This is an example of the Monge-Ampere equation from "C0 penalty methods for the fully nonlinear Monge-Ampere equation, Mathematics of Computation, 80:1979-1995, 2011." by S.C. Brenner, T. Gudi, M. Neilan, and L.-Y. Sung.

So the Monge-Ampere equation is: $$\det(D^2u) = f \quad \textrm{in} \quad \Omega \quad (1.1)$$ $$ u = g \quad \textrm{on} \quad \partial{\Omega} \quad (1.1)$$ where $$\det(D^2u) = \frac{\partial^2{u}}{\partial{x_1^2}} \frac{\partial^2{u}}{\partial{x_2^2}} - (\frac{\partial^2{u}}{\partial{x_1x_2}})^2$$ This is given. The specific example says " we solve (2.7) for varying values of h and k, and choose our data such that the exact solution to the Monge-Ampere equation (1.1) is $u = 20e^{x_1^6/6+x_2}$. We take $Ω = (0,1)^2$, the unit square and set $σ = 100$." I'm understanding that u is the true solution. By the boundary of the domain you will get $g \rightarrow u \rightarrow f$ (Not that they map to each other I mean that, you will get them in that sequential order). But I'm still not exactly sure how to approach this to solve it numerically. The Monge-Ampere questions are generally approached with an elliptical PDE, which is what I'm assuming the $\Omega$ refers too, but it's the other parts that are confusing.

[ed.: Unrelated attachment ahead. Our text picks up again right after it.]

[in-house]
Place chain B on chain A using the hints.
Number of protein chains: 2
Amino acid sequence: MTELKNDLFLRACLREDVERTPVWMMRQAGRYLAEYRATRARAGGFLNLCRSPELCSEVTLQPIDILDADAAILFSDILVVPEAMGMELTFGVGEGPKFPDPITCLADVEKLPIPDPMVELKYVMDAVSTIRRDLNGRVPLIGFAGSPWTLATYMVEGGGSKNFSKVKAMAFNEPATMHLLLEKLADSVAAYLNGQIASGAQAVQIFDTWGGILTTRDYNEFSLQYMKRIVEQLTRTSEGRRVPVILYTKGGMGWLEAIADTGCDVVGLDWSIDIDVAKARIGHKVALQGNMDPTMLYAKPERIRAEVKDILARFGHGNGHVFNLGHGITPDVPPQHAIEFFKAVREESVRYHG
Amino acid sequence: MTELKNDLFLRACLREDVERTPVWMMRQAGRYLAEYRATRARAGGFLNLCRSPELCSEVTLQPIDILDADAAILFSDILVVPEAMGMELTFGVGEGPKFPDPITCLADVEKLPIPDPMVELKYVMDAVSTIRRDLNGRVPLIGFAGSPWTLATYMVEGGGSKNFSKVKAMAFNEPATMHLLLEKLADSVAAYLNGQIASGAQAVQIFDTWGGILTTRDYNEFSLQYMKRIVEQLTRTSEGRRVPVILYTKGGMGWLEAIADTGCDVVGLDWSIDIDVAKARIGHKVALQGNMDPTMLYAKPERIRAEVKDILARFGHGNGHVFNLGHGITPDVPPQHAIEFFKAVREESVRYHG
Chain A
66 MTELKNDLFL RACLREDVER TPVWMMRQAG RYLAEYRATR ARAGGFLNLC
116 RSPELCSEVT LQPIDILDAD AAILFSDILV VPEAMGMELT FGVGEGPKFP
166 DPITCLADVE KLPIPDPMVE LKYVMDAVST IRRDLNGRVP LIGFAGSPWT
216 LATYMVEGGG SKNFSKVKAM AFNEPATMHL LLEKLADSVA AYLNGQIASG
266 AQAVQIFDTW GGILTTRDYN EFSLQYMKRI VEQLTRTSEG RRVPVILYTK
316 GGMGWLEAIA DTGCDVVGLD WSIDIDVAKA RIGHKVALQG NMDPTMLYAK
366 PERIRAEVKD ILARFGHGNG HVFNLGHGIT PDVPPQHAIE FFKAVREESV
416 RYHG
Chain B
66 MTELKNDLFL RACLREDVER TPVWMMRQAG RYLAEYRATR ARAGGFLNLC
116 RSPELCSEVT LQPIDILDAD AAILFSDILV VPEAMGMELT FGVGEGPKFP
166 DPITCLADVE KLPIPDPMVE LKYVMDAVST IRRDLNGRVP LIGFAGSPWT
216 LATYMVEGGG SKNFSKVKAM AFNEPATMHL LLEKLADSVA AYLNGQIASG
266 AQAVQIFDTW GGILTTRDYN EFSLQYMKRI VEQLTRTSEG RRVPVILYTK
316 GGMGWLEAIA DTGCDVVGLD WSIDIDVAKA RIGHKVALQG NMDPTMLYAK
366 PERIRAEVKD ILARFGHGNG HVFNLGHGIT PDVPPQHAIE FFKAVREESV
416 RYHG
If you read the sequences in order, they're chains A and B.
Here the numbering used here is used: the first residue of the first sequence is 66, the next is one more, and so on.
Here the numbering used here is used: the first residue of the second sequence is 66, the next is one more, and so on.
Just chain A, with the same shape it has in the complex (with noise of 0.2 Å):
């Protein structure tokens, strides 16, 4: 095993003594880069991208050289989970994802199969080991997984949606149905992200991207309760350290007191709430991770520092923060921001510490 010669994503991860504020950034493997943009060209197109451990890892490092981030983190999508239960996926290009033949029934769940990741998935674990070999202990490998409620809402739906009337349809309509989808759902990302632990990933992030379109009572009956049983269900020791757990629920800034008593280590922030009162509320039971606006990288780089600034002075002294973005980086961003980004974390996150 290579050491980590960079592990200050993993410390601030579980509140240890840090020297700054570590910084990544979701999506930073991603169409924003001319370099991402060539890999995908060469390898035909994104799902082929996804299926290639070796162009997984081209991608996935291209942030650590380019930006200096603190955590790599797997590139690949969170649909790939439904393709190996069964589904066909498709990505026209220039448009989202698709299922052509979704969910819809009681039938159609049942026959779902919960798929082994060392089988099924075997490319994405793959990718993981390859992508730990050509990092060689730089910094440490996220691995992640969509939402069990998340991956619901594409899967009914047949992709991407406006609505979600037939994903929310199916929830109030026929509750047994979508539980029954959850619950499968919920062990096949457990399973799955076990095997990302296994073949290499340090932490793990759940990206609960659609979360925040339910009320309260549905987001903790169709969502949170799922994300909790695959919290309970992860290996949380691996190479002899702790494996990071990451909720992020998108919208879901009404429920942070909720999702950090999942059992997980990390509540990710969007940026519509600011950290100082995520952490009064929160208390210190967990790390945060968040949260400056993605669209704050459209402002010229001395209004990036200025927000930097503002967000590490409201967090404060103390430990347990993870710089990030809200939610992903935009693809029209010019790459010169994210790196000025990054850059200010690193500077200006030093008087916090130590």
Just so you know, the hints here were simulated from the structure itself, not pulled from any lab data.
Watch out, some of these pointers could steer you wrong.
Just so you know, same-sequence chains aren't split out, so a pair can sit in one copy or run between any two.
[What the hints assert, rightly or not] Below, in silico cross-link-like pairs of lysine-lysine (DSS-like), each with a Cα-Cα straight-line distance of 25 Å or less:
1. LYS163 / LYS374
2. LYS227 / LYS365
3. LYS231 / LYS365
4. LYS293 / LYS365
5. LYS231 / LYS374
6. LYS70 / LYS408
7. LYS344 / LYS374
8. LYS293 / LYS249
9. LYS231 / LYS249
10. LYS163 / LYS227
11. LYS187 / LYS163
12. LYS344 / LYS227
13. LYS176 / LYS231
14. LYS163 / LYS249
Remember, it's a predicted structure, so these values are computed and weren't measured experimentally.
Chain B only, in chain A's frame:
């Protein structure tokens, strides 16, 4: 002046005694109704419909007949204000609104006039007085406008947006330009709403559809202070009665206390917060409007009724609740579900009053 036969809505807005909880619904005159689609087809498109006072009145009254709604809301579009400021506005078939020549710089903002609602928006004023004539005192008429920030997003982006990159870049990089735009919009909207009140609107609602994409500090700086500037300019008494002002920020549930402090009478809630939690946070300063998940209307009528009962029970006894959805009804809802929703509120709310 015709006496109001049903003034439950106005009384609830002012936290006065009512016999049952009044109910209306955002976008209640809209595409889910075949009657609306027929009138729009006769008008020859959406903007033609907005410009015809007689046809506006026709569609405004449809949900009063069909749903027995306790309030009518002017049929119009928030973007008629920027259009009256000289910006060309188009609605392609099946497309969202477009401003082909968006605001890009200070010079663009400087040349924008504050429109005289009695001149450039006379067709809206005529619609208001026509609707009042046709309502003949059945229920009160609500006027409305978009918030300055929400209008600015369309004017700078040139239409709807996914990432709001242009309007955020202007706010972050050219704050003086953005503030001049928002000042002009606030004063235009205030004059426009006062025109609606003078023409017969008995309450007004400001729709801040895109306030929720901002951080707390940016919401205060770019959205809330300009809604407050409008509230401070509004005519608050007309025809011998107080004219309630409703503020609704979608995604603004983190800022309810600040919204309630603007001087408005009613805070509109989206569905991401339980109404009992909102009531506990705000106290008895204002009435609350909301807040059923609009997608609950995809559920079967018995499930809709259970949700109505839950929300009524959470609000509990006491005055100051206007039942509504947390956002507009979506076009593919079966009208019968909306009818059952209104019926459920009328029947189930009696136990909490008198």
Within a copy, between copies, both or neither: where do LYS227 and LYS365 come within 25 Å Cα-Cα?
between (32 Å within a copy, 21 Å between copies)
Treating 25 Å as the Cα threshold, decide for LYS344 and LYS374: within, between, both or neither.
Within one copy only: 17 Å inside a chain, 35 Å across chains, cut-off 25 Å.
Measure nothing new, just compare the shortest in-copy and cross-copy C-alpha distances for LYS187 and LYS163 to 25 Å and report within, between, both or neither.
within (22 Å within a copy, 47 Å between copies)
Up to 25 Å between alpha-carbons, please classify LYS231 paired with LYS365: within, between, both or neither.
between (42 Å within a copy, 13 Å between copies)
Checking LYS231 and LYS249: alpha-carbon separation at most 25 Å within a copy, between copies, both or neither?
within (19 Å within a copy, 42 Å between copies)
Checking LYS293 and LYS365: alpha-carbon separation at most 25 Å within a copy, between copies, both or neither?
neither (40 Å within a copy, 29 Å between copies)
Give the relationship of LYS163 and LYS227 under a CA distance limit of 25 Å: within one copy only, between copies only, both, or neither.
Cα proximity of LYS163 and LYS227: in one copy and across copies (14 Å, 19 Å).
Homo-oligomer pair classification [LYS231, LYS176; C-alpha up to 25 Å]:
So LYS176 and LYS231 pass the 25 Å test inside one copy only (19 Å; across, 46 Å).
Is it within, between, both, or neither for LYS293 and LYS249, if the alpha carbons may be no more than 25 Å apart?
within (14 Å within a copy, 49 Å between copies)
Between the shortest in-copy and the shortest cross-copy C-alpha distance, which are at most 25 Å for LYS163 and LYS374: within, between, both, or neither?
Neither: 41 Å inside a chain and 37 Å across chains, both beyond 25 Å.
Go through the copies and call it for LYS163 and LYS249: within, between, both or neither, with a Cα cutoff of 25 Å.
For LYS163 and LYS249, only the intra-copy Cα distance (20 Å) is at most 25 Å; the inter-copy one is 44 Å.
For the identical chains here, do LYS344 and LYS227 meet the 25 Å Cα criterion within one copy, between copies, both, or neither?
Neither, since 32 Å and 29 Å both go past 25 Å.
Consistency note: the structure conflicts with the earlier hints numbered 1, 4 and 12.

• $\begingroup$ How about standard finite elements? Multiply by a test function, integrate by parts, linearize, etc. $\endgroup$ – knl Jul 13 '18 at 20:19

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